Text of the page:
California Assembly Education Committee Passes AB 1220

Yesterday, EdSource’s John Fensterwald covered the passage of the Teacher and Student Success Act (AB 1220) through the California Assembly Education Committee on Wednesday. Authored by education expert and civil rights champion Assemblymember Shirley Weber (D-San Diego) at the prompting of two teacher organizations, Educators for Excellence and Teach Plus, AB 1220 would extend the probationary period for awarding teacher tenure from just 18 months to three years, with optional fourth and fifth years for teachers who show promise but need more time to demonstrate success, and provide new teachers with additional mentoring and professional development resources. This commonsense solution would give new California public school teachers the time and support they need to develop their craft and earn the professional distinction of tenure — elevating the profession and attracting great educators into classrooms where they’re needed.

While AB 1220 is opposed by the state’s two largest teachers unions, numerous members of both organizations spoke at the hearing in support of the Teacher and Student Success Act. Liz Sanders, an English teacher and bargaining leader for the California Teachers Association at De Anza High in Richmond, said the current timeline forces districts to “either grant tenure while unsure or dismiss struggling teachers,” resulting in high turnover among new teachers.

David Robertson, director of Human Resources for Twin Rivers Unified and Human Resource Council President at the Association of California School Administrators — another organization supporting AB 1220 — went on to explain that sometimes a new teacher will be transferred to teach a different grade at a different school in their second year of teaching and, as a result, the principal at the new school has to decide on tenure based on just three months of observations. This decision is made in such a short time as the new teacher is already trying to adapt to teaching a new grade level in a new school environment. “That’s why we need the third year,” he concluded. And a poll conducted in Winter of 2015 shows that eighty-five percent of traditional district school teachers agree.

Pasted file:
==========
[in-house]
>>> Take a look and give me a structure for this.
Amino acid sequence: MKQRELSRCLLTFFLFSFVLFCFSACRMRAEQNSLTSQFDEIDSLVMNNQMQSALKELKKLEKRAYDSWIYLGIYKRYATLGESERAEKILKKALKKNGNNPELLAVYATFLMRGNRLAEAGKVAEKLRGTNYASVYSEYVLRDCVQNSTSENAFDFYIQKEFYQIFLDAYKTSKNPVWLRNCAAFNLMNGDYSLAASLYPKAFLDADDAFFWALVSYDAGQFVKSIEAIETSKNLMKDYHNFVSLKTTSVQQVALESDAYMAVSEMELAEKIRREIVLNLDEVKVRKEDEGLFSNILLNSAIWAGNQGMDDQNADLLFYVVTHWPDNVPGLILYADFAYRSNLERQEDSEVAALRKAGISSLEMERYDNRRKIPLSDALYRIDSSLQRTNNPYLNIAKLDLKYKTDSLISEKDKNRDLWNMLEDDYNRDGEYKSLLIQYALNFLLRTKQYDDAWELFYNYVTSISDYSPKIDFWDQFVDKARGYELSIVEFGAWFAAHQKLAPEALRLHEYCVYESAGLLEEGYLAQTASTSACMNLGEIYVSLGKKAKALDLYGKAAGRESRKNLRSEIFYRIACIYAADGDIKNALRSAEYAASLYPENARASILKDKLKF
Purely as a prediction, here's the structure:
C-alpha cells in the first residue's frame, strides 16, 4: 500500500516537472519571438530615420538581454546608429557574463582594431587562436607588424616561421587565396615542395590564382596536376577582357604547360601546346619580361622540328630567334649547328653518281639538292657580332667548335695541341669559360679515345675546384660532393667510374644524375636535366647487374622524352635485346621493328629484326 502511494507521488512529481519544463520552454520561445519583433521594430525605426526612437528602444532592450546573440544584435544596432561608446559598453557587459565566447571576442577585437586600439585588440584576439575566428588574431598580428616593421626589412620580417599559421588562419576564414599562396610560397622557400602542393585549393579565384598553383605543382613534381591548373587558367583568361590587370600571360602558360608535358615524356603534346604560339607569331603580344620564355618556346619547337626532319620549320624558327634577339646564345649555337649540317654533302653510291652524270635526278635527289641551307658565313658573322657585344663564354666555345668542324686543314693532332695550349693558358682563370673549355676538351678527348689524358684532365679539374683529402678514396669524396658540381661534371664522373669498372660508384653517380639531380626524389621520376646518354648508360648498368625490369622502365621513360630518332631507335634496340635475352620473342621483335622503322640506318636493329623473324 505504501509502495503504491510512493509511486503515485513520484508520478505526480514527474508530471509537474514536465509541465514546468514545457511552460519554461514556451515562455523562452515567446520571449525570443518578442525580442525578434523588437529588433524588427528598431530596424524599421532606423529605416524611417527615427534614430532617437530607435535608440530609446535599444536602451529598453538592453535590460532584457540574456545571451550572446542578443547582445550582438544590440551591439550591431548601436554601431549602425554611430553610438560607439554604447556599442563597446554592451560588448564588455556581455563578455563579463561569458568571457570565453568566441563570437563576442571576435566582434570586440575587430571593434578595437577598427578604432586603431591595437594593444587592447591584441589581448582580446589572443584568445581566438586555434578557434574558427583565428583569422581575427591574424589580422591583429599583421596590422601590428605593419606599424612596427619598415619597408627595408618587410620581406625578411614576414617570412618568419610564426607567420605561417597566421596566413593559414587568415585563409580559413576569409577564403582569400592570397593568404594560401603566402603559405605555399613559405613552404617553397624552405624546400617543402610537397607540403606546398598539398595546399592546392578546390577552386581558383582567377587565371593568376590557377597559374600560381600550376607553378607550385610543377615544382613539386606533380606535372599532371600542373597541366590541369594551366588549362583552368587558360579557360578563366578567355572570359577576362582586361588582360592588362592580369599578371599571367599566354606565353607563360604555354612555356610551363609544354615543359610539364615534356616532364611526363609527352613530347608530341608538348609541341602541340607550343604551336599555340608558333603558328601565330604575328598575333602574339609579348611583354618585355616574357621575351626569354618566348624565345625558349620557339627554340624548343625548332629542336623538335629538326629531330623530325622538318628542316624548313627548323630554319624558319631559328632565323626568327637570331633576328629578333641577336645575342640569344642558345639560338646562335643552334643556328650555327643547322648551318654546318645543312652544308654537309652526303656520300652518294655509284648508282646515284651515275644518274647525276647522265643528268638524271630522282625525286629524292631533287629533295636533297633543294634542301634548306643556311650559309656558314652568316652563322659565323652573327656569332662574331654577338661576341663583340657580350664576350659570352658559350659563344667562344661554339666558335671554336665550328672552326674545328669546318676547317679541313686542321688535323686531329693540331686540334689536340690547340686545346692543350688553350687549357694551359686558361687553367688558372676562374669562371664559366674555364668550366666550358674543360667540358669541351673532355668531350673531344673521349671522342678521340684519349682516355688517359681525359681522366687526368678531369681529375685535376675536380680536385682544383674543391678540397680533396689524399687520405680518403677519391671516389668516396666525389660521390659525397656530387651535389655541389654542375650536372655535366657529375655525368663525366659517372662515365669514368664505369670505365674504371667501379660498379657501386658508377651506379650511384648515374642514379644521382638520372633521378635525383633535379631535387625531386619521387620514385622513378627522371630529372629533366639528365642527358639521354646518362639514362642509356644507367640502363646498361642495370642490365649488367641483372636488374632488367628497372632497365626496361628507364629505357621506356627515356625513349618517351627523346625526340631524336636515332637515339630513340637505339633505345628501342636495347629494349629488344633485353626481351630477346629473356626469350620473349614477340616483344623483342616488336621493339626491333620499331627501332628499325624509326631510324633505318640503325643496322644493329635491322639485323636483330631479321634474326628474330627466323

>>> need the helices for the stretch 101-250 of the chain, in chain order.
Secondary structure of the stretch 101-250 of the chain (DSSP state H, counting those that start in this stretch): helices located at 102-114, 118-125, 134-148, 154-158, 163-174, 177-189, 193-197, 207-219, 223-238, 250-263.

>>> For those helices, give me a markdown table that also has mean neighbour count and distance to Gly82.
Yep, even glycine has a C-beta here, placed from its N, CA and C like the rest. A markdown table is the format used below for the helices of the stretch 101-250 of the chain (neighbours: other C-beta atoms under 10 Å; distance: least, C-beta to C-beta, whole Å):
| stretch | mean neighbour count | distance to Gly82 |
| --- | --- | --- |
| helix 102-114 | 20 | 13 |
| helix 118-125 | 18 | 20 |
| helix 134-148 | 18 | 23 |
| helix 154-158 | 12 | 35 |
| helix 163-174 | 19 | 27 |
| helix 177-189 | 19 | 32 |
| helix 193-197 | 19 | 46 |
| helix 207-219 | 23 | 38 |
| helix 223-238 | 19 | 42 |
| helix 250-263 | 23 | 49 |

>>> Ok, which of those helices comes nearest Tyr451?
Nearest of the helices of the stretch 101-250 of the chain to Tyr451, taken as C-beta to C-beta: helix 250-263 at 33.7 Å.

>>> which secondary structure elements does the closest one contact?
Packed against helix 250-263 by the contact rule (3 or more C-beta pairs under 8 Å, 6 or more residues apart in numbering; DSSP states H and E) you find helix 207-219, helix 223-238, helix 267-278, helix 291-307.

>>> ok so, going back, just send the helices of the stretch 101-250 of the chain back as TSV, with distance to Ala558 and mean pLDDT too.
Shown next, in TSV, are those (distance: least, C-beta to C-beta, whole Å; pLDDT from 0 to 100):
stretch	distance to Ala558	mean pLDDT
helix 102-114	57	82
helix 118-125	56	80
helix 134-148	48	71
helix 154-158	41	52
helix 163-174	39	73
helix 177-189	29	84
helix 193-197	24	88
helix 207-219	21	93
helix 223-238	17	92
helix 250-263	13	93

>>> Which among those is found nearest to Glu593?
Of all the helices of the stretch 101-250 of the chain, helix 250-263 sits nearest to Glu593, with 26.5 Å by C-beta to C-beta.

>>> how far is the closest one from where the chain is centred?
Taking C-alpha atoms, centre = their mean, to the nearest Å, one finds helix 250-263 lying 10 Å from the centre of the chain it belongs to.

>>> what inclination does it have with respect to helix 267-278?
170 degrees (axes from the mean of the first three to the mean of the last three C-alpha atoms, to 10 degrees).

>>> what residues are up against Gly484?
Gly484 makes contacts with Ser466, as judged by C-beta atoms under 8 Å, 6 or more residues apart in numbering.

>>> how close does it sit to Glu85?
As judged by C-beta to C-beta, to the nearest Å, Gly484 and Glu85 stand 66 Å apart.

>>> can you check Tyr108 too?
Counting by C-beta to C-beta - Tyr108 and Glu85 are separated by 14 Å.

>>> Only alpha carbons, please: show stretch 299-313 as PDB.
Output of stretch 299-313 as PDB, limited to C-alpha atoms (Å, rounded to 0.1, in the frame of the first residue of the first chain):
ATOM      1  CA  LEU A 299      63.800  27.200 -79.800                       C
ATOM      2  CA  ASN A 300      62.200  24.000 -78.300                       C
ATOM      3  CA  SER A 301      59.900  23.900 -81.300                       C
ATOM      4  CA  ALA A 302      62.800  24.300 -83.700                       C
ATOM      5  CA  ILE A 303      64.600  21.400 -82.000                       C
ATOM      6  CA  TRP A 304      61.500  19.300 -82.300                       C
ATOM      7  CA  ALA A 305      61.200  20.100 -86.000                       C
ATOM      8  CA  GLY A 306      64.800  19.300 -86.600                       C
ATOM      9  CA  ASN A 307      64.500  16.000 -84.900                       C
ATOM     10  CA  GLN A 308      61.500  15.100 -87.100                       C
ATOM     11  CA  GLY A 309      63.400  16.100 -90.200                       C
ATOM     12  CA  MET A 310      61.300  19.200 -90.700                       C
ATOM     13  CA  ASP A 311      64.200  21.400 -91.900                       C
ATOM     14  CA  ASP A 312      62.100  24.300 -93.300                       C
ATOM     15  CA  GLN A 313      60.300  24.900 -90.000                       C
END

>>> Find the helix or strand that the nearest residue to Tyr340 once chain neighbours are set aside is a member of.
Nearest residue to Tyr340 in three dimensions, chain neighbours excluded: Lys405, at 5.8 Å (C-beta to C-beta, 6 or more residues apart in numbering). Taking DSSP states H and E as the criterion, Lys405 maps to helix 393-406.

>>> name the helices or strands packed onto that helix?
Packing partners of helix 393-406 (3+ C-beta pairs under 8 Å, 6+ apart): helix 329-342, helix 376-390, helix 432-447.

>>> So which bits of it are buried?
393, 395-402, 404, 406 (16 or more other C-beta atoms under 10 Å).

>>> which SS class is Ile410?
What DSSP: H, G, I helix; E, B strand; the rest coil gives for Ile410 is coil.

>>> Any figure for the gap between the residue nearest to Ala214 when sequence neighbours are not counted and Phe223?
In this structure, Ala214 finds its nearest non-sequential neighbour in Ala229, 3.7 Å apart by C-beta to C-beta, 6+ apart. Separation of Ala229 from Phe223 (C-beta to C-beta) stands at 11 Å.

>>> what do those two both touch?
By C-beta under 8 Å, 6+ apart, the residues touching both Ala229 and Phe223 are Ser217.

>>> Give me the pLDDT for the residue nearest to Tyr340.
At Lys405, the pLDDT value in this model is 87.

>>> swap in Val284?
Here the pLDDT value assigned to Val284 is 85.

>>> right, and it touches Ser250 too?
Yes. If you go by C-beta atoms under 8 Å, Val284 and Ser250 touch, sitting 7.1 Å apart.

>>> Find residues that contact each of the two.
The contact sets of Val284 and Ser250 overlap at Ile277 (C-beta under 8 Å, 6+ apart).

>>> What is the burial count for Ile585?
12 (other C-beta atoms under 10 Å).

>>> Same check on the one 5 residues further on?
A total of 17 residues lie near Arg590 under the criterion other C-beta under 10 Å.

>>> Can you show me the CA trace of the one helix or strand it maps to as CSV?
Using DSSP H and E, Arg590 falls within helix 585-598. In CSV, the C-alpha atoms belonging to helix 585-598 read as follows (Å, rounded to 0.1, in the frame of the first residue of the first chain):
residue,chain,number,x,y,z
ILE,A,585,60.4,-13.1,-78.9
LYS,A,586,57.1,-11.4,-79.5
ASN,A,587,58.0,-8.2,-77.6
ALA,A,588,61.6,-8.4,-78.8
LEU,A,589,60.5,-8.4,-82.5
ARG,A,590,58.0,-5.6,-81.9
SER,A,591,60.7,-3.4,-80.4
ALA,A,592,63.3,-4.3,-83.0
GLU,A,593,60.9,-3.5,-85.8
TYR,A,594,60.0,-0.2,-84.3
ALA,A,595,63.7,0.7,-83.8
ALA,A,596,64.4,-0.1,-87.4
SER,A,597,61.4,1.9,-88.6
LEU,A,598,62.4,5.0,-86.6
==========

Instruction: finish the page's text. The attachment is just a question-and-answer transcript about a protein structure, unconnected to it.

Under California’s current law, if new teachers do not receive tenure after their 18-month probationary period — which is shorter than that of forty-two other states — the teacher is generally dismissed and not given another chance in the district. This system leads to high turnover for new teachers, contributing to California’s growing teacher shortage, and forces administrators to make high stakes employment decisions without adequate information. AB 1220 — crafted by and for public school teachers — will help ensure great teachers are rewarded for their hard work and dedication to their students.